Tron founder Justin Sun announced that he will be raising capital in USDD, the network’s stablecoin that was launched last week. USDD was one of the important sources that filled the stablecoin gap as the altcoin market fluctuated sharply due to the Terra effect. Now Sun says it will provide more liquidity to USDD.
- 1 Justin Sun announces that he will significantly raise capital in this new altcoin project
- 2 Are algorithmic stablecoins successful?
- 3 Share this:
Justin Sun announces that he will significantly raise capital in this new altcoin project
Launched in the past weeks, USDD is designed as an algorithmic stablecoin, similar to the mechanism of Terra UST and LUNA. Recently, he’s been talking about the USDD ending up like Terra. However, despite everything, it managed to reach among the top 100 by market capitalization. According to a spokesperson from the Tron team, Tron reserves include the following altcoin projects and amounts:
- Tether (USDT): 140 million
- Tron (TRX): 1.9 billion
- Bitcoin (BTC): 14,040
According to Justin Sun’s comments, Tron will use a balancing structure similar to Terra. In the last drop, we saw that this mechanism could collapse with excessive selling pressure. Pressed and bought to keep the UST price stable, the LUNA caused the price to drop further. It is thought that the mechanism can be protected with the high liquidity of Tron.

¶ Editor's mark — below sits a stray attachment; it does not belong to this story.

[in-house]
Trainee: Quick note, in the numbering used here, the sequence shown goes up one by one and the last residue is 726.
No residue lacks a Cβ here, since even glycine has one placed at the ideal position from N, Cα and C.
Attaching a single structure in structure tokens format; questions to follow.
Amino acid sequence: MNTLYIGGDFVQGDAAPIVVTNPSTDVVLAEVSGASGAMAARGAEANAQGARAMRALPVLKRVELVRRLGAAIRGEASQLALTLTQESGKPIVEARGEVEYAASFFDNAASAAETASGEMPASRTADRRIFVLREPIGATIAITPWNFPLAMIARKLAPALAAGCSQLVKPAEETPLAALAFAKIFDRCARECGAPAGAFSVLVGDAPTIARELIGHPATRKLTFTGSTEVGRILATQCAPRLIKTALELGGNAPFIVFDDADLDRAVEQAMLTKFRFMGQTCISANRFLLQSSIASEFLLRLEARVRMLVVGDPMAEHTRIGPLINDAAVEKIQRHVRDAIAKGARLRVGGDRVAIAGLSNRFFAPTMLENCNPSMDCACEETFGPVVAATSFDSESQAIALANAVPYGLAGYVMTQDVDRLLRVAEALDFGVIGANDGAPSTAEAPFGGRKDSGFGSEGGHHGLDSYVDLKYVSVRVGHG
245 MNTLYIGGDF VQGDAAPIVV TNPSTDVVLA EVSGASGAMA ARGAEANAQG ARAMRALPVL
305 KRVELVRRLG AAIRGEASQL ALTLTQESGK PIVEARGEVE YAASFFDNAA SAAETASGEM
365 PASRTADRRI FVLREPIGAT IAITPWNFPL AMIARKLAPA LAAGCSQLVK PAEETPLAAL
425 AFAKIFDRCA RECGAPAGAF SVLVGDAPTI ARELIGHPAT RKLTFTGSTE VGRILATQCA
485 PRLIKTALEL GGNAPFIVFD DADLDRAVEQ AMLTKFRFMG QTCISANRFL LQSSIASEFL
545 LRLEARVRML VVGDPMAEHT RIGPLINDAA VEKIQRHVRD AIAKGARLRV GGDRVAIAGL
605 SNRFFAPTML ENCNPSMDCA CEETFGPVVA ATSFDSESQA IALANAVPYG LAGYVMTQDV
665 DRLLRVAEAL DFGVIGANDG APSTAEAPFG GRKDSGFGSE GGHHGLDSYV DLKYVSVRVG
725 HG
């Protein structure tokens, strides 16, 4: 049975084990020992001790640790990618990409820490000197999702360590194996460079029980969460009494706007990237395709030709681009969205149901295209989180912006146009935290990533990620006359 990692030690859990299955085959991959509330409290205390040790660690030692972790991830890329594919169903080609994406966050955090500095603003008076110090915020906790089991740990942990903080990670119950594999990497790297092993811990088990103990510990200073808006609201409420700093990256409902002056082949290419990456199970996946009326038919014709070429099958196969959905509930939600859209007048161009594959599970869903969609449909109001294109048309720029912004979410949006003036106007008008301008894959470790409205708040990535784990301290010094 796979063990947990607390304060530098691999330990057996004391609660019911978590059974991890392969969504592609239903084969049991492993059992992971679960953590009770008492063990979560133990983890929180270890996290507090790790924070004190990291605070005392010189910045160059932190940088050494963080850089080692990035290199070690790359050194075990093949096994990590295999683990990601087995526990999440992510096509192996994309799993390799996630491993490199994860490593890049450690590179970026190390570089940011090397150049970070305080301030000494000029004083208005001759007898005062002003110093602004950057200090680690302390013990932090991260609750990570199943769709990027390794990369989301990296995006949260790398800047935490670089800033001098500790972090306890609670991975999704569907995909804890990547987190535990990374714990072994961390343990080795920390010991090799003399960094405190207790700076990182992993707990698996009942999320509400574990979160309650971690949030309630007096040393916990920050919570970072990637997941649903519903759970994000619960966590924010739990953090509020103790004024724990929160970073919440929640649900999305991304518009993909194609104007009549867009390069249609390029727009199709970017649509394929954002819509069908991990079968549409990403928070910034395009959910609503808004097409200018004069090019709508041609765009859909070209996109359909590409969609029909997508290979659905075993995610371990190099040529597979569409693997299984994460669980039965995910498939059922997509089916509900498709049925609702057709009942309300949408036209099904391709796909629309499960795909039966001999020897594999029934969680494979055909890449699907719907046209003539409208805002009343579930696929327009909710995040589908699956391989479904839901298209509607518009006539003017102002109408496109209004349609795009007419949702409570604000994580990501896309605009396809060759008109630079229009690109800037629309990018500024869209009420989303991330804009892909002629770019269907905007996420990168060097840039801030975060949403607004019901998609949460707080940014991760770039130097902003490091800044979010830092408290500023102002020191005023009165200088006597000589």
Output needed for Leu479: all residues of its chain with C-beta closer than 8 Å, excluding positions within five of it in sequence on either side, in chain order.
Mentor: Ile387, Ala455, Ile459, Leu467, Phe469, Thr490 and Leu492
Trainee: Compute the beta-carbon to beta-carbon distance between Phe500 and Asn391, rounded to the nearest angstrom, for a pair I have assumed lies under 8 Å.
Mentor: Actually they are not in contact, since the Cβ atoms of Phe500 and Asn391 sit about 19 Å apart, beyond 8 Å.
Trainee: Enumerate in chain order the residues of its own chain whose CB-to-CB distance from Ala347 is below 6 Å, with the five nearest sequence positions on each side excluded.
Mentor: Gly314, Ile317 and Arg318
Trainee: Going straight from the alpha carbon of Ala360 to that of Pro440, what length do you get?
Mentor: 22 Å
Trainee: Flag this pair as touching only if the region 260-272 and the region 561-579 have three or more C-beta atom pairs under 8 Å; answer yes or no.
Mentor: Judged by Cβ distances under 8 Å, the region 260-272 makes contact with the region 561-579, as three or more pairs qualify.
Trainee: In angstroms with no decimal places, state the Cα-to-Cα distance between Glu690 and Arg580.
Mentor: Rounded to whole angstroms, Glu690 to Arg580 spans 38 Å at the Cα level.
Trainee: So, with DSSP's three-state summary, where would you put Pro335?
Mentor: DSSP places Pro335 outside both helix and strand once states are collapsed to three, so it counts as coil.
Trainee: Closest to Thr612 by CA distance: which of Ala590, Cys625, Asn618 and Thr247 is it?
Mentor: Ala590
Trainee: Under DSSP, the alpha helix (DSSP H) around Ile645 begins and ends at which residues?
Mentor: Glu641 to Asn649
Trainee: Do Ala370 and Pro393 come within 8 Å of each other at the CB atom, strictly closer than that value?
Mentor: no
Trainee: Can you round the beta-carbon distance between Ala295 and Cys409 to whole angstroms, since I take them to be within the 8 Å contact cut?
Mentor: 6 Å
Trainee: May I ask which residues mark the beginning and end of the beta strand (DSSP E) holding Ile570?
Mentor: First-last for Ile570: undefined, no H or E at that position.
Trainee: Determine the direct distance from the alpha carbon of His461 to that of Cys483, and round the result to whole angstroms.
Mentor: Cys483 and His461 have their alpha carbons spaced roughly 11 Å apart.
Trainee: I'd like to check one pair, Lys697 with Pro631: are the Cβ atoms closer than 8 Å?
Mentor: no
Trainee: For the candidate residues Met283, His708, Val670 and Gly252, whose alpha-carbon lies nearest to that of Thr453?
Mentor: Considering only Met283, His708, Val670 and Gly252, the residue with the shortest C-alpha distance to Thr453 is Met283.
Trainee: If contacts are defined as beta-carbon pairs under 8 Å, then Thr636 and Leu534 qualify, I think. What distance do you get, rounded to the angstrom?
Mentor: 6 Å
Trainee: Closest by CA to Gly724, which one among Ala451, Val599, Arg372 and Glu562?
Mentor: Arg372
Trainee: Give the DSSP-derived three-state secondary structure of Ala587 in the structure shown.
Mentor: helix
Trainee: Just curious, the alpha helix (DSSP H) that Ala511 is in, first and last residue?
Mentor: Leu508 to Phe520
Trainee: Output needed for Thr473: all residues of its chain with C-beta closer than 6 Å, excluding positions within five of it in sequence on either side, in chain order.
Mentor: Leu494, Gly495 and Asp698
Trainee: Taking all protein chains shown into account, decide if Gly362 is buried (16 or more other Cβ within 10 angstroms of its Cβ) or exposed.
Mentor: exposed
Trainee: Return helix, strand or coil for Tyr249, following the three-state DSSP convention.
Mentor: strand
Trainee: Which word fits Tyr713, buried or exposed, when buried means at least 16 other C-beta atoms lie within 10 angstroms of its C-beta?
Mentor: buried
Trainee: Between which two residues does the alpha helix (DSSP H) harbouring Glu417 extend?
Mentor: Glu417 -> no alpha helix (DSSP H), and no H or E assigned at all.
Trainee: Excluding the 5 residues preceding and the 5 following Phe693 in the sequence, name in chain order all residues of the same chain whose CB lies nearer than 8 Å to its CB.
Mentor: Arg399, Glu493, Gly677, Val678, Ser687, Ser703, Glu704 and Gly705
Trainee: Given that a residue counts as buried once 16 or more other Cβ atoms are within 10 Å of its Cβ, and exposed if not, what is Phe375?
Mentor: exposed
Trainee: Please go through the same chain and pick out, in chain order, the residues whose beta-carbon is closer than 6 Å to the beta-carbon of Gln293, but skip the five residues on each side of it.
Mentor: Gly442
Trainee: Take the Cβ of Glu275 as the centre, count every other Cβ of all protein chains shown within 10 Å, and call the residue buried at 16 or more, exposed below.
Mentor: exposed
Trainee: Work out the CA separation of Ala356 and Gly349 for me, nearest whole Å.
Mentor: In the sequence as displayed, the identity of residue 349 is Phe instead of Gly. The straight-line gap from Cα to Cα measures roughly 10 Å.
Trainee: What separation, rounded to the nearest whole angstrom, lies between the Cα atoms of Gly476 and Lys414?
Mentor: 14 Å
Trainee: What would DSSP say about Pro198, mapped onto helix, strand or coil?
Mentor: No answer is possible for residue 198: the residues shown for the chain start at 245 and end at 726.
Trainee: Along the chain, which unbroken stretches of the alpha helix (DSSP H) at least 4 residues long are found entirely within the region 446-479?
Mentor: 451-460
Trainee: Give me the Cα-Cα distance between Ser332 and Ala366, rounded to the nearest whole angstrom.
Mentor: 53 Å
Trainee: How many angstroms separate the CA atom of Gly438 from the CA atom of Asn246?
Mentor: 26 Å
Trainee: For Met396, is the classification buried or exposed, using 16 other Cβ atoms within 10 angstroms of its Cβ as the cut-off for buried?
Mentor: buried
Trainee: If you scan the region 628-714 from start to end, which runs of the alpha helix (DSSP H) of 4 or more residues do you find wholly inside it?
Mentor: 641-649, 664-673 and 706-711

Are algorithmic stablecoins successful?
Stablecoins are designed to protect investors from the volatile nature of cryptocurrencies. These cryptocurrencies are usually pegged 1:1 with a fiat currency such as the dollar to ensure price stability. There are also different types of stablecoins, each of which uses different techniques to keep it stable with the currency it follows. Terra, for example, uses LUNA to stabilize the UST price. When the UST price drops, the price is stabilized by printing LUNA and buying the UST.
AmkNews.com The reasons for the collapse of Terra as we have discussed in this article.
What are algorithmic stablecoins and how do they differ?
Most stablecoins hold a 1:1 peg with the currency they track through a collateralized mechanism. Stablecoins in circulation are backed by cash or other assets to support the valuation of the stablecoin. For example, Tether (USDT), the largest stablecoin by market capitalization, is secured by off-chain assets such as cash (USD) and cash-equivalent bonds stored at a bank or other central institution.
However, it is not always possible to follow this approach as protocols must continue to add to their collateral stocks as stablecoin circulation increases. This is where algorithmic stablecoins come into the picture. Algorithmic stablecoins work a little differently. They usually do not have any collateral support and instead use complex algorithms to keep them stable with the fiat currency they follow. These algorithms can also encourage and manipulate investor behavior to fix the price of the coin around the stabilizer.
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